Dictation Programs

Dictating programs transcribe speech, which in the context of education, can be either the teacher’s or the student’s. These programs help students with motor skill impairments that prevent the use of a typewriter or pen. Completing assignments becomes possible tasks for students, as well as taking notes, but teachers can use the program to transcribe the lesson as an alternative. Dictation programs include Dragon NaturallySpeaking and WordQ.

Interactive Boards and Touchscreens

Adaptive apps paired with tablets can help students communicate and learn. They’re as portable as a laptop but lighter and less expensive than most models. The ISTE blog explained how a tablet helped a nonverbal third-grade student finally attend classes with other third-graders. Using an augmentative communication system on a tablet, she was able to create sentences, something she had never done before. There is a wide variety of both Apple and Android tablets on the market, and costs vary with features and size. SMART Technologies pioneered the interactive wall-board more than 25 years ago and remains one of the market leaders.

Virtual Learning

Classrooms are no longer restrained to schools; classrooms are anywhere there is an Internet connection. Students with disabilities that cause them to miss school don’t need to fall behind on their schoolwork. Whether it’s as simple as using Skype to call into their class or using dedicated software created for distance learning, students learning from home or a hospital can stay on track.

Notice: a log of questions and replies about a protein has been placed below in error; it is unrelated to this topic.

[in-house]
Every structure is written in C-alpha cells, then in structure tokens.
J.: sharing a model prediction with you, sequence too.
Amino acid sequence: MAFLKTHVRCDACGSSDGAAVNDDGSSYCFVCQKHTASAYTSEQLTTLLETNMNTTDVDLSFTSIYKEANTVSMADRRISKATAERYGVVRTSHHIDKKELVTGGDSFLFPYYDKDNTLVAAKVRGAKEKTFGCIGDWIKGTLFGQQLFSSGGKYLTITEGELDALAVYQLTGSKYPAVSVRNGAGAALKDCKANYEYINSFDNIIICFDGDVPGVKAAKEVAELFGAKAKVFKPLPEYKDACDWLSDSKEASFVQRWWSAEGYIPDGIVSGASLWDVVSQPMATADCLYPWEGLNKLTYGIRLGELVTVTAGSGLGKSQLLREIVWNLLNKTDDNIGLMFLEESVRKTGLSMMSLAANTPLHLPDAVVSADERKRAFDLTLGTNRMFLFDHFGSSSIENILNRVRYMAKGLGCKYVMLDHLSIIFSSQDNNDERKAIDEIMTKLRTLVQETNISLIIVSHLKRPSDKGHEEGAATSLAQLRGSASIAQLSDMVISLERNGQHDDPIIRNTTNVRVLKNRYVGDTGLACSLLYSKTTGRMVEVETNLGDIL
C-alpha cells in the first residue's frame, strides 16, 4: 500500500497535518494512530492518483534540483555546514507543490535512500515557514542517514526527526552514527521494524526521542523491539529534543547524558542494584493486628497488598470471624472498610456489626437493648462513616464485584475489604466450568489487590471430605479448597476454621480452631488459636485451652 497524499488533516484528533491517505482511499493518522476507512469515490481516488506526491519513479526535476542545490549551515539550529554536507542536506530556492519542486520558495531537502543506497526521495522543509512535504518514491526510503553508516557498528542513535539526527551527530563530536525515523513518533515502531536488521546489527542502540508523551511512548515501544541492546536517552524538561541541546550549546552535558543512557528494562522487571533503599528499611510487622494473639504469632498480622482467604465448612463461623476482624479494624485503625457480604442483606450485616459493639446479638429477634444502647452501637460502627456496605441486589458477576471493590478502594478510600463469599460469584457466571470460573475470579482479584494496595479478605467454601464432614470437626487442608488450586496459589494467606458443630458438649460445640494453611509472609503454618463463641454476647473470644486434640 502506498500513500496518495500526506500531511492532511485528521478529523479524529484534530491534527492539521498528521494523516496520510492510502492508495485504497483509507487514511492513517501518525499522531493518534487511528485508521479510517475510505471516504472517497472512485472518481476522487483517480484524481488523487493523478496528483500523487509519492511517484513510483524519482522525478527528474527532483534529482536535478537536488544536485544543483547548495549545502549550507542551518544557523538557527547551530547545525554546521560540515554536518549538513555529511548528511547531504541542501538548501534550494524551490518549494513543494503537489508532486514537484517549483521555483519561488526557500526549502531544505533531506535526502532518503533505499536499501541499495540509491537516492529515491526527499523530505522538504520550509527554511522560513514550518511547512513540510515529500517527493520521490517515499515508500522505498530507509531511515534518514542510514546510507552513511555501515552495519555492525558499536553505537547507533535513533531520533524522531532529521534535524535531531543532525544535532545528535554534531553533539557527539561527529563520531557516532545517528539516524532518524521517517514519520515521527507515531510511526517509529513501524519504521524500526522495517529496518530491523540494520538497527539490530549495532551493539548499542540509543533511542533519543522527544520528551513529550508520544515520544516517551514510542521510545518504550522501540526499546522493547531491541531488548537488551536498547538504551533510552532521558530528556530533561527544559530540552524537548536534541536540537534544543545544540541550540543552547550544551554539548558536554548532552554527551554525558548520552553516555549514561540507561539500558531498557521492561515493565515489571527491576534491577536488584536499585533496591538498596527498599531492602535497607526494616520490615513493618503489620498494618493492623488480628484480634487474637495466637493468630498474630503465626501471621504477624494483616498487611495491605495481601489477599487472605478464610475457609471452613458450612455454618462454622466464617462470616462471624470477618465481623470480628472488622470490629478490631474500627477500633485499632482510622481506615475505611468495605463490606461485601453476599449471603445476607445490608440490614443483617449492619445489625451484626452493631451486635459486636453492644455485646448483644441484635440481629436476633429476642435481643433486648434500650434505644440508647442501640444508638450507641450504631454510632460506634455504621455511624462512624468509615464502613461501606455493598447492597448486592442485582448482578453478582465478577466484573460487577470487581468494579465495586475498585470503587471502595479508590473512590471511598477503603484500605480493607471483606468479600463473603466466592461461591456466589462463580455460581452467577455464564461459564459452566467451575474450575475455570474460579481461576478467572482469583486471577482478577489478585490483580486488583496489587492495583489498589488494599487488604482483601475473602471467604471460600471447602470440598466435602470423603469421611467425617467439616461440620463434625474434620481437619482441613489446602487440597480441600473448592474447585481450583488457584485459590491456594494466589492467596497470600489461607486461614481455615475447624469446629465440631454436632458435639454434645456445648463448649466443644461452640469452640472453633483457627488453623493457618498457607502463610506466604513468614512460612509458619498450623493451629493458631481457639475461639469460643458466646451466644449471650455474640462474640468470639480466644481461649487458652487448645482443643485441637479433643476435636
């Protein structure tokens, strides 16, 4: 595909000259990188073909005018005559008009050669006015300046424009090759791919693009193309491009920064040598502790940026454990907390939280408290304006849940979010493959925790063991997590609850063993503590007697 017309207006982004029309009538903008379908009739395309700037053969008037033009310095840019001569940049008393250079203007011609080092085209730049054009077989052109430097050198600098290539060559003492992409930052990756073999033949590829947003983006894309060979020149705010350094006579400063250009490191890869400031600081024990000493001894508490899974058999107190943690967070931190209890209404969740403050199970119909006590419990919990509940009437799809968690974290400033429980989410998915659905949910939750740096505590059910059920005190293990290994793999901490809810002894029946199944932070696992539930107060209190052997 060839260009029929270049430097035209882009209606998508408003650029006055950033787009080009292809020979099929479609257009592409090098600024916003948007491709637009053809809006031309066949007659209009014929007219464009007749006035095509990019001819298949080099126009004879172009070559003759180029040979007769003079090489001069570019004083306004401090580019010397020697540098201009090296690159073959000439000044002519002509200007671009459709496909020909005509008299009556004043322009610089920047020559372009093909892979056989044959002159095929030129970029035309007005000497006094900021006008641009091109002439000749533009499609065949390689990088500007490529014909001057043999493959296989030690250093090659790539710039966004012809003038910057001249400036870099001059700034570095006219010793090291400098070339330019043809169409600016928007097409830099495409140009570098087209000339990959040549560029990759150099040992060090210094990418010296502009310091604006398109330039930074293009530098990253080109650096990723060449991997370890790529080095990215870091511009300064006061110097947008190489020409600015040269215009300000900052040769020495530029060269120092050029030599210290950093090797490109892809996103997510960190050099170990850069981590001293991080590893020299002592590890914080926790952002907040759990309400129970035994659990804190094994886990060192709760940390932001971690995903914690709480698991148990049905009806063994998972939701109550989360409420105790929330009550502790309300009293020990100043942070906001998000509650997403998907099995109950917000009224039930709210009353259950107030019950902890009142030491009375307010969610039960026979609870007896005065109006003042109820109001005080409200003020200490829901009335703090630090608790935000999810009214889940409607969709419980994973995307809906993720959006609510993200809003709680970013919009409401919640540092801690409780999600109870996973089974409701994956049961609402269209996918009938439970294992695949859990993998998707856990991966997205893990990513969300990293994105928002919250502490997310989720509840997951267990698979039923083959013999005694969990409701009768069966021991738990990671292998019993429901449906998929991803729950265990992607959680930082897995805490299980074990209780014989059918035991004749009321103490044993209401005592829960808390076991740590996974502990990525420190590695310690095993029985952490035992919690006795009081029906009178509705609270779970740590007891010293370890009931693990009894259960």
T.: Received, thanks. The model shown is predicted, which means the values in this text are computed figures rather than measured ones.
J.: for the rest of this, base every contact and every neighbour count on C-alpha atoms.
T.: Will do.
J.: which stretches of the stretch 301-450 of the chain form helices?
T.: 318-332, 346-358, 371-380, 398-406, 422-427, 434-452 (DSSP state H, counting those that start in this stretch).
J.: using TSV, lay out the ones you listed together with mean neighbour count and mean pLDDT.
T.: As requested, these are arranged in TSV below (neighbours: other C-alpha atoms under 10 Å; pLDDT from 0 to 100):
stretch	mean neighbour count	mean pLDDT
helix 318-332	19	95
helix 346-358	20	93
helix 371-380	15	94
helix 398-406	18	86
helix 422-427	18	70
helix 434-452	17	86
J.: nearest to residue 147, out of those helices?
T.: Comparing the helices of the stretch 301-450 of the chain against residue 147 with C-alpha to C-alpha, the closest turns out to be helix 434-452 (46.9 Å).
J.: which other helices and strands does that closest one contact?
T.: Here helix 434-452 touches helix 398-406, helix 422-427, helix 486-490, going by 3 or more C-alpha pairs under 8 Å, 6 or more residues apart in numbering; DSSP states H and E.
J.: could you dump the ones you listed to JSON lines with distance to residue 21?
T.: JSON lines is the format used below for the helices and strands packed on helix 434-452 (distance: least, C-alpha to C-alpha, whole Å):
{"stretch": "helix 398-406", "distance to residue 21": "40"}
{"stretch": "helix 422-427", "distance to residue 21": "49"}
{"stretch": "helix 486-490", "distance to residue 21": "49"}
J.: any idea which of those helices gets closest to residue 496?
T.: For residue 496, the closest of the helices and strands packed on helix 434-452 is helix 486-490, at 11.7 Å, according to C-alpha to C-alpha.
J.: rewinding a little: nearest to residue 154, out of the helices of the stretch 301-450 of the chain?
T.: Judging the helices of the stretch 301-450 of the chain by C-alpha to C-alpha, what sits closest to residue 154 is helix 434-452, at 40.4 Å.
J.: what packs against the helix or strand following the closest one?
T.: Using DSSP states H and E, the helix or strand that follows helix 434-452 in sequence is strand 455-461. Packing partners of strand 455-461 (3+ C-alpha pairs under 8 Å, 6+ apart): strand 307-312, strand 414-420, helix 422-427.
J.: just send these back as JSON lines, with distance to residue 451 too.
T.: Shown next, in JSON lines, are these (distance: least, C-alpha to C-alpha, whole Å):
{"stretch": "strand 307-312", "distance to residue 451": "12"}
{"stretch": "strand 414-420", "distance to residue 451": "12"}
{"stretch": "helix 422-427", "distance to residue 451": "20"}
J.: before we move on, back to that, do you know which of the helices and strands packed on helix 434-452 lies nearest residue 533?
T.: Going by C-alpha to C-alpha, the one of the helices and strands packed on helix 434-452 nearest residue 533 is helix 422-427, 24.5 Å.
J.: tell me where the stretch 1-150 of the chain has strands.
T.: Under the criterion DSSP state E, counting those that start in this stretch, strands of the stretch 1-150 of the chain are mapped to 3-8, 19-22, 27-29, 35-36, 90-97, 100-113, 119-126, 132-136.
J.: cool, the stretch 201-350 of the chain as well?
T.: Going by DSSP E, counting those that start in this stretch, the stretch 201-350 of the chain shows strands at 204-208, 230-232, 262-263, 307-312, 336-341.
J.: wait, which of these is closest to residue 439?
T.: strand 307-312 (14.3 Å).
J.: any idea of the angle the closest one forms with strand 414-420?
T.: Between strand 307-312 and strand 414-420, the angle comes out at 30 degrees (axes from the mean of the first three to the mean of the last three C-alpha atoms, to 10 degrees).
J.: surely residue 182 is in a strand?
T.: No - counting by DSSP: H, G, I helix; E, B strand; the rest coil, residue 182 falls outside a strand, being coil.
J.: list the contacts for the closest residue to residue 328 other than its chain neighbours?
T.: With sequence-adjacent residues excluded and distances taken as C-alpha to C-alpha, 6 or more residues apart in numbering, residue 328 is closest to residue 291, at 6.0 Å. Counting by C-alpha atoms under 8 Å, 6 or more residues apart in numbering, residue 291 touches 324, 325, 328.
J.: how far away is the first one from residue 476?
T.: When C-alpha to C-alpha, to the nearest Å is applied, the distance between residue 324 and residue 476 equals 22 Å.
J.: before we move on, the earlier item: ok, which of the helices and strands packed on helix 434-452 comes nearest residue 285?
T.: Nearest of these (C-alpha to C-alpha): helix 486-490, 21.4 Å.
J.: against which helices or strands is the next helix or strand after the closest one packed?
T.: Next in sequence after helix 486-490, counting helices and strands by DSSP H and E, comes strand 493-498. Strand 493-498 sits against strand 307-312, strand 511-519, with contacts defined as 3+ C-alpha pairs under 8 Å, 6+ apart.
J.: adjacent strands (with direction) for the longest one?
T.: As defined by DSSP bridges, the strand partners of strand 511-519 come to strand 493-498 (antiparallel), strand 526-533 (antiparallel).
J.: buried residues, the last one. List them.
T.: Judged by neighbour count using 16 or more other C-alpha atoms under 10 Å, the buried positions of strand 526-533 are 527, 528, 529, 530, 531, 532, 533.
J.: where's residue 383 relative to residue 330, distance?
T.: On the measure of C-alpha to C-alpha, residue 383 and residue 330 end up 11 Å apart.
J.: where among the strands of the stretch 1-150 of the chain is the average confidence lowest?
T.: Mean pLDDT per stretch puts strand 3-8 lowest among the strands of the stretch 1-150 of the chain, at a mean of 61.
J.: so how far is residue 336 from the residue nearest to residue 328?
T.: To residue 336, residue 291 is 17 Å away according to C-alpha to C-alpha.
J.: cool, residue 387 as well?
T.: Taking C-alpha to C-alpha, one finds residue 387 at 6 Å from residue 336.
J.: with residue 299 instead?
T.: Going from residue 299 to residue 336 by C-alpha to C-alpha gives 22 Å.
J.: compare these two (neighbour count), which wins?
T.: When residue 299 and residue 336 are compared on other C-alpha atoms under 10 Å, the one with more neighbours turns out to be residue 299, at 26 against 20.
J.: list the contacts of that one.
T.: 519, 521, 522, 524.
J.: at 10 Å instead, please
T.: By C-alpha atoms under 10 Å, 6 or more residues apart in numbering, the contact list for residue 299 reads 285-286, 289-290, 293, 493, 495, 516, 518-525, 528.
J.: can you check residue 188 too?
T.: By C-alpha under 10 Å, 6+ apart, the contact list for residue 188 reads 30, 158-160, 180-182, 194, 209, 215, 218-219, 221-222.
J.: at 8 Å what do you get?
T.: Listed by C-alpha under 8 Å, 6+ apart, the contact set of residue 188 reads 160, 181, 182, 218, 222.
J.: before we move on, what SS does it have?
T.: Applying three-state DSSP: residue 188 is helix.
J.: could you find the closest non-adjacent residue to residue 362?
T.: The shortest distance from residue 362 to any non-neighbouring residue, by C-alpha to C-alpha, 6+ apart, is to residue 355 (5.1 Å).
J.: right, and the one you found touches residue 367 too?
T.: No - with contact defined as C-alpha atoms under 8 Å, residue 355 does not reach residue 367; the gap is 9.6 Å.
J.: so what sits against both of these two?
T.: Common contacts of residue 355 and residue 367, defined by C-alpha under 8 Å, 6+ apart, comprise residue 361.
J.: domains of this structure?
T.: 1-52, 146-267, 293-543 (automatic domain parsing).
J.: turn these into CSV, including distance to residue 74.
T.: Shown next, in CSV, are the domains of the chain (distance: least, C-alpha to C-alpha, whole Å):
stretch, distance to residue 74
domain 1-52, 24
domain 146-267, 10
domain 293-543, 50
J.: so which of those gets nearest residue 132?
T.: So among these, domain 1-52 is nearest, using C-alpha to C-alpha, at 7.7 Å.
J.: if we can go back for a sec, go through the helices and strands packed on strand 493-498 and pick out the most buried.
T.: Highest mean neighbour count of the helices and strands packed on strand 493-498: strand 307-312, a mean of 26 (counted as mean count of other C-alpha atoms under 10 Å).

Teaching Careers Guide

UWA's "Making the Grade: A Guide to In-Demand Teaching Careers" is a free resource to help you navigate the teaching jobs that are in high demand. Take a closer look at some of the most popular teaching careers.

Access the Guide

Education Requirements and Career Outlook

Nationally, the outlook for special education teachers is good. The BLS predicts a national increase of eight percent in special education employment by 2026. The 2017 median pay for special education teachers was $58,980. Requirements for the job vary by state.

The Alabama Department of Education’s Office of Teaching and Leading provides information about the requirements for working as a special educator in Alabama. The ALSDE requires teachers to have completed a bachelor’s degree and a teacher preparation program, which can be done concurrently at select institutions. All degrees and certificates earned must be from accredited institutions. Some subspecialties in special education, such as ones that provide physical therapy in addition to education, require additional training and certification.

Starting or Continuing Your Education Career

Learn more about the advantages classrooms gain when they combine technology and special education. The fully online teaching degree from the University of West Alabama will help you develop the skills and knowledge needed to change your teaching focus or to start working in this in-demand teaching specialty. With our program, you’ll learn the latest in technology for special education teachers while studying in a convenient and flexible online format. Degrees offered online include M.A. Teaching, M.Ed. High School Education, M.Ed. Physical Education and M.Ed. Special Education, among others.